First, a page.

How can I be Tax Efficient and Save Tax this year?
Posted on 5th Apr 2022
As we are just into a new tax year it is worth revisiting your own personal tax situation.
To be tax efficient you need to make sure you’re maximising and making best use of the all the allowances and reliefs that are available.
Several annual tax allowances and tax bands exist on a ‘use it’ or ‘lose it’ basis.
That means they expire on the 5th April each year and, if unused, then they’re ‘lost’.
By taking advantage of the different tax brackets, tax-free allowances and concessions BEFORE the 5th April you can, potentially, reduce your tax bill this year…
Whilst the 5th April this year has past the good news it’s NOT too late to take action for the current tax year.
Now is a good time to take action. Time to review your personal tax situation. Time to take action so that you DON’T end up paying more personal tax this year than you should.
I’d hate for you miss out on a possible tax saving and pay more tax than you should.
SO to avoid that from happening….I’ve created The KMA Tax Saving checklist which lists some practical tax saving ideas which you could benefit from.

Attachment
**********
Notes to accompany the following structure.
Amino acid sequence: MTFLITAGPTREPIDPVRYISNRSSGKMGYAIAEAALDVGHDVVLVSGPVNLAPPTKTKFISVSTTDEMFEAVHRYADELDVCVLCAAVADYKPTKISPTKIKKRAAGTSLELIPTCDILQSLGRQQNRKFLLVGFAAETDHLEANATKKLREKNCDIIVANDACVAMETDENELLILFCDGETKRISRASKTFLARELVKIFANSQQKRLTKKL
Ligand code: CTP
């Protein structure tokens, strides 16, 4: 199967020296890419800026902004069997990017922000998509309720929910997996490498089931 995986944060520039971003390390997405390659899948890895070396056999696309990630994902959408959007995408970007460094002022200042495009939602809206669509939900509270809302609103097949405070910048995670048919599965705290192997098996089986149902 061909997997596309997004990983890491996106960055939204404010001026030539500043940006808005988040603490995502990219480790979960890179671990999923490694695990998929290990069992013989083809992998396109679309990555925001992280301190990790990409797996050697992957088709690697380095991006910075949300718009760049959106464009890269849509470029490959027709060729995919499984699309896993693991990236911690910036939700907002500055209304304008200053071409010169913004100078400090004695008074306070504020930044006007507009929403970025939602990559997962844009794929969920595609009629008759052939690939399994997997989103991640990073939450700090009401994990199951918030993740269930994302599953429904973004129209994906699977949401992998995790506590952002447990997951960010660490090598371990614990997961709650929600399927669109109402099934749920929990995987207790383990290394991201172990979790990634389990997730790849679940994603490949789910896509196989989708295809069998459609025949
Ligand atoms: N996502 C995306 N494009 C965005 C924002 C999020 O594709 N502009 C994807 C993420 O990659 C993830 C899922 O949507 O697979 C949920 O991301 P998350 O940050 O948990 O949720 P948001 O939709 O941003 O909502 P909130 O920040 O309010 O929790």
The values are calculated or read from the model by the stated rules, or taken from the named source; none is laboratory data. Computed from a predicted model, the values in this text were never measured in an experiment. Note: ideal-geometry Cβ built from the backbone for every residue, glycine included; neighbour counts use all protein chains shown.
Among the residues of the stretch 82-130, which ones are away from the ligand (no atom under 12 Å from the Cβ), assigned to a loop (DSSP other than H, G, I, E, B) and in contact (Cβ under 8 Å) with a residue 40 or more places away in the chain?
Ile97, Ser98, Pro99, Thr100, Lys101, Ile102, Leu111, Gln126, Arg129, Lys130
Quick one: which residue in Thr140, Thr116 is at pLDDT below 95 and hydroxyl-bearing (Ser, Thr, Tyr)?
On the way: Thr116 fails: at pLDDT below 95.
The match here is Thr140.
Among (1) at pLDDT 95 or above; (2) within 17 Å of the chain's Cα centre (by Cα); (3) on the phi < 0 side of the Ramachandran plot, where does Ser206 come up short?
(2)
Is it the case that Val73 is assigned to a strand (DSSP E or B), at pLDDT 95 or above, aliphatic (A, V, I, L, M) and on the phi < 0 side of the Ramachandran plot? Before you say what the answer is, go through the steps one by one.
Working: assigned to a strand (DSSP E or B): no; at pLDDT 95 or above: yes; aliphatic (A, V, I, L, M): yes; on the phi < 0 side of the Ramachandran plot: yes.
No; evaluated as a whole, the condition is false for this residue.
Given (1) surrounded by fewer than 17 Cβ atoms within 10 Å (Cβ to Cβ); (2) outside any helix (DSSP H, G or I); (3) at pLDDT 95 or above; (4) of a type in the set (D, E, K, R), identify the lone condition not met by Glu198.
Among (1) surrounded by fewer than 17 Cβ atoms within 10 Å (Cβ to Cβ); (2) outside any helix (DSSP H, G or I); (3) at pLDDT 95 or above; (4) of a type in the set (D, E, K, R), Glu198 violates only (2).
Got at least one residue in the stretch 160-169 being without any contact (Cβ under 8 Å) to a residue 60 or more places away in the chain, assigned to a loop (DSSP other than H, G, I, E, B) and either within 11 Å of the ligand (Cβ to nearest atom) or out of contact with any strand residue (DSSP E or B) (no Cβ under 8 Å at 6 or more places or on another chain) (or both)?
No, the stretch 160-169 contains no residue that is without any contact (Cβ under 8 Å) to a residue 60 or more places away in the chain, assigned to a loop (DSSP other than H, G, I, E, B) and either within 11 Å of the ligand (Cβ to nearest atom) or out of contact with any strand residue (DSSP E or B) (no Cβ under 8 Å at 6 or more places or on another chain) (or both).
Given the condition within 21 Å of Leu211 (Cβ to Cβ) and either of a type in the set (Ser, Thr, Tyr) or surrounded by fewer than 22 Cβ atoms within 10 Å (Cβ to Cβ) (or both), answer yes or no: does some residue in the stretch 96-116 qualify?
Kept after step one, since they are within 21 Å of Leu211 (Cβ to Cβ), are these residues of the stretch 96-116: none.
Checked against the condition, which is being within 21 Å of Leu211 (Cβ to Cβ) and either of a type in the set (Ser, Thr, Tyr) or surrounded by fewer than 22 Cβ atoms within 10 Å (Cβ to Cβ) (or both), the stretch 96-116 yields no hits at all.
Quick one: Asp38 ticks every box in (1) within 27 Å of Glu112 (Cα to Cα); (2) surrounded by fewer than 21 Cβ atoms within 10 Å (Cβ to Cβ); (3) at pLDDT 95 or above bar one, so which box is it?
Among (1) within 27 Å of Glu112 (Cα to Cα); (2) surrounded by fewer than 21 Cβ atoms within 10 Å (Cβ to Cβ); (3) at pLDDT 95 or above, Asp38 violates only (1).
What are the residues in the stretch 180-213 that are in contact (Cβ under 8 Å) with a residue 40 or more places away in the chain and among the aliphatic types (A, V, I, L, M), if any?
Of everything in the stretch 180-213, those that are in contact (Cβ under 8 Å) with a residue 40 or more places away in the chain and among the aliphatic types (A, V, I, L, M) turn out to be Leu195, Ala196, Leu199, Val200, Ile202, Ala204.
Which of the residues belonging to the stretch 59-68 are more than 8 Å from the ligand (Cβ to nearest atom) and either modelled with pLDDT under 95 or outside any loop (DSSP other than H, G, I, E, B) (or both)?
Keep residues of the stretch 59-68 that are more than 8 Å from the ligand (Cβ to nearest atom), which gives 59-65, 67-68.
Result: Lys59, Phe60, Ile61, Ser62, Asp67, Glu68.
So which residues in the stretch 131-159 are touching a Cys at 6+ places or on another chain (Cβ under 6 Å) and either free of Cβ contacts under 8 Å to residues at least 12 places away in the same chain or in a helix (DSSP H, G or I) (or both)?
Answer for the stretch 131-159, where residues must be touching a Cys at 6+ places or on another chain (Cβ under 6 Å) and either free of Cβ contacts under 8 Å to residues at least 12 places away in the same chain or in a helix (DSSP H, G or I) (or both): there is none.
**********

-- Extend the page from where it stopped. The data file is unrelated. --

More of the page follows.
THE KMA TAX SAVING CHECKLIST (Correct as at Mar 22)
1 Dividends : Use the £2,000 Dividend Allowance
Do you receive more than £2,000 of dividends each year?
IF so then you could transfer some of those to…
Either your spouse : This would mean you save tax by (1) using their tax free dividend tax allowance and (2) using any of their basic rate band if you are a higher rate taxpayer.
Or into an ISA : This is because dividends earned from shares in an ISA aren’t taxed. Doing this would avoid dividend tax in future.
2 Use the Income Tax Allowance
Everyone has an annual tax-free personal allowance for income tax of £12,570.
That means everyone can earn £12,570 BEFORE they start paying income tax.
To save tax one possibility is to transfer income to your spouse. This would need you to transfer assets to your spouse. For instance, to avoid paying income tax on bank interest then the cash would have to be transferred into an account in the spouse’s name.